Trouble in the Tropics
Recently, there has been an uptick in activity in the Philippines and Taiwan related to two old vulnerabilities. The Operation Tropic Trooper attacks, as announced by Trend Micro, have been targeting government and military organizations in these two countries. What is alarming about these attacks is that they exploit old Microsoft Office vulnerabilities: CVE 2012-0158 is three years old, while CVE-2010-3333 is five years old!
What went wrong?
Independent of the specific techniques that are used by Operation Tropic Trooper to achieve penetration, the fact is that these attacks are entirely preventable. Some key observations:
- Given the age of the vulnerabilities, the machines that were compromised were not well maintained
- Regular vulnerability assessment was likely not being performed
- Operation Tropic Trooper is targeted at penetrating client machines, not servers
- The attacks circumvented any perimeter defenses these organizations had in place
The success of the Tropic Trooper attacks serves as a vivid reminder that security policies and procedures must actively address all systems in the infrastructure
The success of the Tropic Trooper attacks serves as a vivid reminder that security policies and procedures must actively address all systems in the infrastructure. Client machines buried deep within your organization are just as likely to be targeted and leveraged in an attack as are well maintained server machines near the perimeter. These client machines cannot be ignored.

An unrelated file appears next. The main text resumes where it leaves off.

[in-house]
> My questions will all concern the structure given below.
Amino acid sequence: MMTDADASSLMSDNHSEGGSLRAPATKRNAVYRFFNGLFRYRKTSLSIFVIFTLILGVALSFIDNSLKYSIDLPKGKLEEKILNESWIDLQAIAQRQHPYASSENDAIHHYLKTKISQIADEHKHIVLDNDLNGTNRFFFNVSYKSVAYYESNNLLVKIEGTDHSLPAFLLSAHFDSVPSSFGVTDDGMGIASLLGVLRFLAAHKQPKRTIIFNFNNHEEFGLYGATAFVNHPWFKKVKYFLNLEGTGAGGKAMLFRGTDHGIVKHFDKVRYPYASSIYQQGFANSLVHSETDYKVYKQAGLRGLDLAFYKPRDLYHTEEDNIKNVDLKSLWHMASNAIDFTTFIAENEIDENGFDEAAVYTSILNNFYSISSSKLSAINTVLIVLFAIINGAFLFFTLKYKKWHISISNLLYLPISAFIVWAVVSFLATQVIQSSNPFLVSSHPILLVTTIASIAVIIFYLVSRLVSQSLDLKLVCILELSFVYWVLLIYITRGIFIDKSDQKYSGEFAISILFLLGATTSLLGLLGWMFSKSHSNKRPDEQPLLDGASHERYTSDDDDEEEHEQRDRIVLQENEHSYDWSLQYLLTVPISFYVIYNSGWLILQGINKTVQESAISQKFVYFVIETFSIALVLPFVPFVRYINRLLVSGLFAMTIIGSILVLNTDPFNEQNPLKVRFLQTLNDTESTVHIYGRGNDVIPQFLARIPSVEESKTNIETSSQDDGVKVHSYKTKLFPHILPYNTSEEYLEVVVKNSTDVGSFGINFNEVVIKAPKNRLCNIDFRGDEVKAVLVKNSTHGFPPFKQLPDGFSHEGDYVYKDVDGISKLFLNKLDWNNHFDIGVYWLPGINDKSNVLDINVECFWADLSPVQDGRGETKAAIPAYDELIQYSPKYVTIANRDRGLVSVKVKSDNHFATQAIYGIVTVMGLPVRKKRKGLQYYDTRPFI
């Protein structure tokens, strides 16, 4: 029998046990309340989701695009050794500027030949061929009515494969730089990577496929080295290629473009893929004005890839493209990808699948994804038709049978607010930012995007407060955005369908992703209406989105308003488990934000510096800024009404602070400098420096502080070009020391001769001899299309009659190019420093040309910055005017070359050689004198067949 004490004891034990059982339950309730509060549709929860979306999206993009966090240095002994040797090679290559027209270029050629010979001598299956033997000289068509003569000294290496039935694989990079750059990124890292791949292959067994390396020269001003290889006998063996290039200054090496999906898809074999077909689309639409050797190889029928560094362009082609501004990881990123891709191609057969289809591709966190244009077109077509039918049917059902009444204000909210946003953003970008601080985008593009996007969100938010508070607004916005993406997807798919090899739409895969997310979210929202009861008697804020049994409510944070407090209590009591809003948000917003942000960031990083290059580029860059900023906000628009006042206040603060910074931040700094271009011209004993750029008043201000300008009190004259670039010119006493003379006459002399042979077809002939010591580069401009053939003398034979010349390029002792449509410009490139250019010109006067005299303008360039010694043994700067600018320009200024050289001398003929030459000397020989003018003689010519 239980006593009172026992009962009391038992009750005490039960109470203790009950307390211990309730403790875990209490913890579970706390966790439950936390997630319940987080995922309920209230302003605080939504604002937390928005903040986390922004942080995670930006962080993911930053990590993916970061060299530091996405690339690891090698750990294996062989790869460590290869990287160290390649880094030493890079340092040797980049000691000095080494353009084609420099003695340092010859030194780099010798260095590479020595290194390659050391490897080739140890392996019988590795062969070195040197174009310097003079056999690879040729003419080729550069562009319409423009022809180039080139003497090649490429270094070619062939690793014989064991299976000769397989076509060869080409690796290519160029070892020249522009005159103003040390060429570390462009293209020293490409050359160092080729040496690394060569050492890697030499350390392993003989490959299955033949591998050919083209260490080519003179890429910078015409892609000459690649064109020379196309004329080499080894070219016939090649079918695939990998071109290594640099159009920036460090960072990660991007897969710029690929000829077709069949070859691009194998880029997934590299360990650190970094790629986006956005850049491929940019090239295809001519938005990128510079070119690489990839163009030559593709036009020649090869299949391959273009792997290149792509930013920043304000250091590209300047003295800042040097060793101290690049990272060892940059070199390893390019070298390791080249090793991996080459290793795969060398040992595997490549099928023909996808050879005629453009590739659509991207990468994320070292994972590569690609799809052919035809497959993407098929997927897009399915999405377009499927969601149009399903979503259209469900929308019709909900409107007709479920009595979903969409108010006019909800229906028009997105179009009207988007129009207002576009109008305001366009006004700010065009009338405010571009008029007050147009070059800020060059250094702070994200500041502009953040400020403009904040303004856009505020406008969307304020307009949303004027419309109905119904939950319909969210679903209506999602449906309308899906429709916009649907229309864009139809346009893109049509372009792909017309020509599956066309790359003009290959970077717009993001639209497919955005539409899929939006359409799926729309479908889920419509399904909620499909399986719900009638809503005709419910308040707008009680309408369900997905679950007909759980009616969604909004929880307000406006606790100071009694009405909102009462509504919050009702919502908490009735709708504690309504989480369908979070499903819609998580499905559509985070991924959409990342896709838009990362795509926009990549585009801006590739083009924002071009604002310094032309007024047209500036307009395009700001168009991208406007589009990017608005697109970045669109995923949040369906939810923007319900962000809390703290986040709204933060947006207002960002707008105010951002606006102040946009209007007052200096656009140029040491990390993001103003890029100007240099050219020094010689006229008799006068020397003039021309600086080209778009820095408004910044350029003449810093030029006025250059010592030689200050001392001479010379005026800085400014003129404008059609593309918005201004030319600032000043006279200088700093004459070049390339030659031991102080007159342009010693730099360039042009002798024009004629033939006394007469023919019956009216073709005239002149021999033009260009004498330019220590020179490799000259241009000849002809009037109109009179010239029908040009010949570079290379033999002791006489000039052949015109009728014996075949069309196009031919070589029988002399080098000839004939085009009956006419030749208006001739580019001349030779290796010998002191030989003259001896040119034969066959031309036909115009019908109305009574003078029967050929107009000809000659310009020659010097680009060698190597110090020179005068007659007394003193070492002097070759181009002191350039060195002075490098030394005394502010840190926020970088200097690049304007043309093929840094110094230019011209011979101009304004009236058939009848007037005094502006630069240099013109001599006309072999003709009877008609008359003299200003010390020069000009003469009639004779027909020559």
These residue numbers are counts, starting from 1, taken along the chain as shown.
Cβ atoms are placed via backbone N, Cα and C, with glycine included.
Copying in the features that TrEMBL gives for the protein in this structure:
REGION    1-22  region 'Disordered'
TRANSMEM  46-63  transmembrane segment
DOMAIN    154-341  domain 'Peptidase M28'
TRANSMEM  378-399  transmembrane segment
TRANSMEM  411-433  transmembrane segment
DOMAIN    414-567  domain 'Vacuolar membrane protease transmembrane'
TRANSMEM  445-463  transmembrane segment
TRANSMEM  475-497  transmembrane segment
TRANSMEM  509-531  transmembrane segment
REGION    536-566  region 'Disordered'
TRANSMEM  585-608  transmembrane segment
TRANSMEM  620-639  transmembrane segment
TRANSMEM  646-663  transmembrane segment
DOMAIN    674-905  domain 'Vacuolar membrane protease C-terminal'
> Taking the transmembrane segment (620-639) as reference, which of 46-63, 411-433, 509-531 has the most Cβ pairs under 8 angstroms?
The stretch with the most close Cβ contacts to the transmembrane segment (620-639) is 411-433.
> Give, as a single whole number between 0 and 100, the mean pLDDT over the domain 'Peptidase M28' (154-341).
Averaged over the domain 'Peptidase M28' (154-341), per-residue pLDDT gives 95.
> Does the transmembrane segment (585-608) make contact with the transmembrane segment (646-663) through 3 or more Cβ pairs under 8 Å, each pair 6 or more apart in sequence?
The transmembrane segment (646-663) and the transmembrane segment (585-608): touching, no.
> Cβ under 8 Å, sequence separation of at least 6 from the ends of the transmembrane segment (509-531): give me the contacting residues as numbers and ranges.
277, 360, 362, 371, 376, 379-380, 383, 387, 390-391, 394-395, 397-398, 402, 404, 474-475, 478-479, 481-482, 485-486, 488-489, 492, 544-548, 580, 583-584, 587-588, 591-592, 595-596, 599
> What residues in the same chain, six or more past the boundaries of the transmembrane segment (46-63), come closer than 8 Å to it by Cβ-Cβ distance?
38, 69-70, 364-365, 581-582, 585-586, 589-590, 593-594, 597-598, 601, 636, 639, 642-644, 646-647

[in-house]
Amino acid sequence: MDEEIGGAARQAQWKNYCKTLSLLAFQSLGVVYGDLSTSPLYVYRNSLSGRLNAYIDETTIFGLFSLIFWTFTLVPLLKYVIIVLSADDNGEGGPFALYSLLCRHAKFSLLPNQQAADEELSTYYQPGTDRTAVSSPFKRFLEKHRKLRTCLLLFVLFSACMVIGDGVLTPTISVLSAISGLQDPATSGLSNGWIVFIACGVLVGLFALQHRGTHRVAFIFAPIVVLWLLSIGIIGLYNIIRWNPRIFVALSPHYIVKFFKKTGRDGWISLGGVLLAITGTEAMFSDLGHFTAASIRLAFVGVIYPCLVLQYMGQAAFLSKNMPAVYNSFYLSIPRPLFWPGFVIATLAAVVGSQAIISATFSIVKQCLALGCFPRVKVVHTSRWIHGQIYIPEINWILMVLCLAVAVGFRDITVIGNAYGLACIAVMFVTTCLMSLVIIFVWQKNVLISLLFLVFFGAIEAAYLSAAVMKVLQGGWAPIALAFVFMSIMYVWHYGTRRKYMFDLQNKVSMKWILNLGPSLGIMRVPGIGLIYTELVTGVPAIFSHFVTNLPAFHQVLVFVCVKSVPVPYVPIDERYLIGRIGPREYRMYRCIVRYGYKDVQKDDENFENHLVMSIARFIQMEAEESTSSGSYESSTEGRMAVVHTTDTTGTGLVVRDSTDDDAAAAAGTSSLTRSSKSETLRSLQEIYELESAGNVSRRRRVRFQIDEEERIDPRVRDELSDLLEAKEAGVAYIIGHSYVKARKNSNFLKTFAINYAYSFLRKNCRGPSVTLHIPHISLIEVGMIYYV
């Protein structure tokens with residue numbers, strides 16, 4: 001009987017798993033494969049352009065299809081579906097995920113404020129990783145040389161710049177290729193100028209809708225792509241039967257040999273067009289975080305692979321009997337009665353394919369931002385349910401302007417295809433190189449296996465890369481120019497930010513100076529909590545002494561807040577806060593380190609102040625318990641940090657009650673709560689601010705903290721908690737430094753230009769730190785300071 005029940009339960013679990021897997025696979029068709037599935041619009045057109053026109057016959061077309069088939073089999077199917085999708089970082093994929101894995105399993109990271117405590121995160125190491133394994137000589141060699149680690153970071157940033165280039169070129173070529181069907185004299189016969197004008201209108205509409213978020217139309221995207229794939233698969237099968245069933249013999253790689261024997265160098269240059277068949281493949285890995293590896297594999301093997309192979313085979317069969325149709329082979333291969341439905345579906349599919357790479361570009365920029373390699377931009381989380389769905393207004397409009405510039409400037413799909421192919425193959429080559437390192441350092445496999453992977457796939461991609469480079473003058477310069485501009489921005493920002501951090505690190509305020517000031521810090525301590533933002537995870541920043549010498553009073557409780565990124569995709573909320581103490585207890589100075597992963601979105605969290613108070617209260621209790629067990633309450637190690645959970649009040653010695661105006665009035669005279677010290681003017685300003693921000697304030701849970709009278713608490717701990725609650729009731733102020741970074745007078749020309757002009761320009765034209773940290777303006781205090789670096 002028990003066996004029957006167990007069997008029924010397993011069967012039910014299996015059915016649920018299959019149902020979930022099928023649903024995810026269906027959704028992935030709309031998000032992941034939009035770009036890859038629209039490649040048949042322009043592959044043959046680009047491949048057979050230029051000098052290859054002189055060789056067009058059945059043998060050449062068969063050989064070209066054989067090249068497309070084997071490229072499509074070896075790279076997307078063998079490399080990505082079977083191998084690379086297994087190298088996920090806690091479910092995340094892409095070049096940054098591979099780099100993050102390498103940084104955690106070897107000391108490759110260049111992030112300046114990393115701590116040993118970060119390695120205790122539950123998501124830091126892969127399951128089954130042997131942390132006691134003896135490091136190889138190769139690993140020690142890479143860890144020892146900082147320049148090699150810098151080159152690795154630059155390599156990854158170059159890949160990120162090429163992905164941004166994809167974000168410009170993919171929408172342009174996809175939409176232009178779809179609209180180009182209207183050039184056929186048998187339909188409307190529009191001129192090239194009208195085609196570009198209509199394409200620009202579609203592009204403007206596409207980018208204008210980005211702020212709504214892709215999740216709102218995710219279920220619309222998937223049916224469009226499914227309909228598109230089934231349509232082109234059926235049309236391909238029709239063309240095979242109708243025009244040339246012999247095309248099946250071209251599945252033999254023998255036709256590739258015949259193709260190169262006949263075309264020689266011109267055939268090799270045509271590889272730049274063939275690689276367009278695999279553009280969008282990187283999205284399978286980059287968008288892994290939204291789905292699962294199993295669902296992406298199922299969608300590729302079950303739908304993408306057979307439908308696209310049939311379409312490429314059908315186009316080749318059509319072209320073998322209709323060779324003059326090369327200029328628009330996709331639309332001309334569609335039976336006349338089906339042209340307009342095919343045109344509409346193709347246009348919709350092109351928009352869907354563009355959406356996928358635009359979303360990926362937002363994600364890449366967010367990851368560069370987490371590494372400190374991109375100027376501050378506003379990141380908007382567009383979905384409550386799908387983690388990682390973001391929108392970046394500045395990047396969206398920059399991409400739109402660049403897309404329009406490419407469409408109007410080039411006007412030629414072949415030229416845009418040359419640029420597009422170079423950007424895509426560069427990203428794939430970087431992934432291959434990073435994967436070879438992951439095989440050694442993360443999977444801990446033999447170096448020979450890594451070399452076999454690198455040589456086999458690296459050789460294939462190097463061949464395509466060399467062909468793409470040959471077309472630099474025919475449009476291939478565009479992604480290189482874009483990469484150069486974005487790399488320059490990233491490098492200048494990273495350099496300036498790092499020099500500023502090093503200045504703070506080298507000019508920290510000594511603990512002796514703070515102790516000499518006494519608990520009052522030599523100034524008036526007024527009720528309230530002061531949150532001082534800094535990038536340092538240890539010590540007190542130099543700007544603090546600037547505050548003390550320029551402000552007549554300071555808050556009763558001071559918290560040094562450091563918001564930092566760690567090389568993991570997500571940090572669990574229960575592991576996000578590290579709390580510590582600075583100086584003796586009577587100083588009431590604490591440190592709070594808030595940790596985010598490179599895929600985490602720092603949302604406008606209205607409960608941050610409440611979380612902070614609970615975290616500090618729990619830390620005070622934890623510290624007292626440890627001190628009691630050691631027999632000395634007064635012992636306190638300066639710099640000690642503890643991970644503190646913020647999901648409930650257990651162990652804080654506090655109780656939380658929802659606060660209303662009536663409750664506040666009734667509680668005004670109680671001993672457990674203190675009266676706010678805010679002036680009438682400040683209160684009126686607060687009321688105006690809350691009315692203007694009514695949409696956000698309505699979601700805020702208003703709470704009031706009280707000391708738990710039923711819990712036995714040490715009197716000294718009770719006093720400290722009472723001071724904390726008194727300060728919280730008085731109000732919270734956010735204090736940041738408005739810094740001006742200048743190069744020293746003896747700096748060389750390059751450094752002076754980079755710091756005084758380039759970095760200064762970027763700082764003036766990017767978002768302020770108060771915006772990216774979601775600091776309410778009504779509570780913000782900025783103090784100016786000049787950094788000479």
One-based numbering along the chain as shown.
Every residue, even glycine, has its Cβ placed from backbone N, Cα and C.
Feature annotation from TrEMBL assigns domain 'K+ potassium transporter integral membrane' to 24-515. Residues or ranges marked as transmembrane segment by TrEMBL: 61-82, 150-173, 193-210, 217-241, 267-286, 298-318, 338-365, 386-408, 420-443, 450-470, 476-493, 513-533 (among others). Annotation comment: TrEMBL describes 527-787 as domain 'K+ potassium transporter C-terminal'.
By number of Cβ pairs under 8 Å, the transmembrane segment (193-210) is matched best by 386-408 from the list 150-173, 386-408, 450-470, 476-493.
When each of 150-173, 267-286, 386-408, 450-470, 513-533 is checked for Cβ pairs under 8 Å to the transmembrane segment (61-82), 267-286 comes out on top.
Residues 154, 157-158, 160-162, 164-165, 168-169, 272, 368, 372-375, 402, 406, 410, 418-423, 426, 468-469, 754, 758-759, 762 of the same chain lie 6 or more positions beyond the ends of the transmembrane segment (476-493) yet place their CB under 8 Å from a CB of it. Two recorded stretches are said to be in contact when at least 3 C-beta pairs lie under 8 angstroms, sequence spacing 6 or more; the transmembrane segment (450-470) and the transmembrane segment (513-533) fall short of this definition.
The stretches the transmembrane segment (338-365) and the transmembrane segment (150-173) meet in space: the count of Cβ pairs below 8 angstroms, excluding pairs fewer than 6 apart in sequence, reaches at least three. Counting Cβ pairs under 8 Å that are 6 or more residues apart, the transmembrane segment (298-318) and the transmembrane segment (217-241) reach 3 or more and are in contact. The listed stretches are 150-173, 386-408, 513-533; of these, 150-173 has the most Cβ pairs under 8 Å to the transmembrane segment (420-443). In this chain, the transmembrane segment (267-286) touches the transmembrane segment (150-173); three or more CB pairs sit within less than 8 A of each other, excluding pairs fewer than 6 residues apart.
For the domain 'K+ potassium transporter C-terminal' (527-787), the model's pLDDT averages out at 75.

You need to proactively and continuously find and maintain all of the systems in your network. Maintenance should include frequent vulnerability assessments as well as regular patching.
In addition, continuous network monitoring is crucial, acting as a “last line of defense” and facilitating the detection of intrusions that make it through the security infrastructure that you have in place. Continuous monitoring can detect the presence of malware, unusual network communications patterns, and communications with Command and Control servers. The deeper in your infrastructure that you monitor, the more likely that you will catch attacks and malware infestations early, before any major damage is done.
Tenable can help
Continuous network monitoring is crucial
When combined with a proper security policy, Tenable’s SecurityCenter Continuous View™ can help shield organizations against attacks such as Tropic Trooper by:
- Detecting unknown or poorly maintained machines through Nessus® discovery scans or by using the Passive Vulnerability Scanner™
- Creating a detailed inventory of all installed software on client machines, including the detection of obsolete, unmaintained or unnecessary components
- Detecting systems which your patch management system may have missed, and auditing patch compliance for those machines that are under maintenance
- Detecting the presence of active malware in scanned systems
- Detecting indicators of compromise on the network, such as communications with Command and Control servers, unusual communications patterns or traffic anomalies
These five capabilities of SecurityCenter can help your organization eliminate the risks and blind spots that Tropic Trooper and other malicious activities take advantage of. Being proactive and preventive in your security stance is just as critical as having active, reactive technologies employed.
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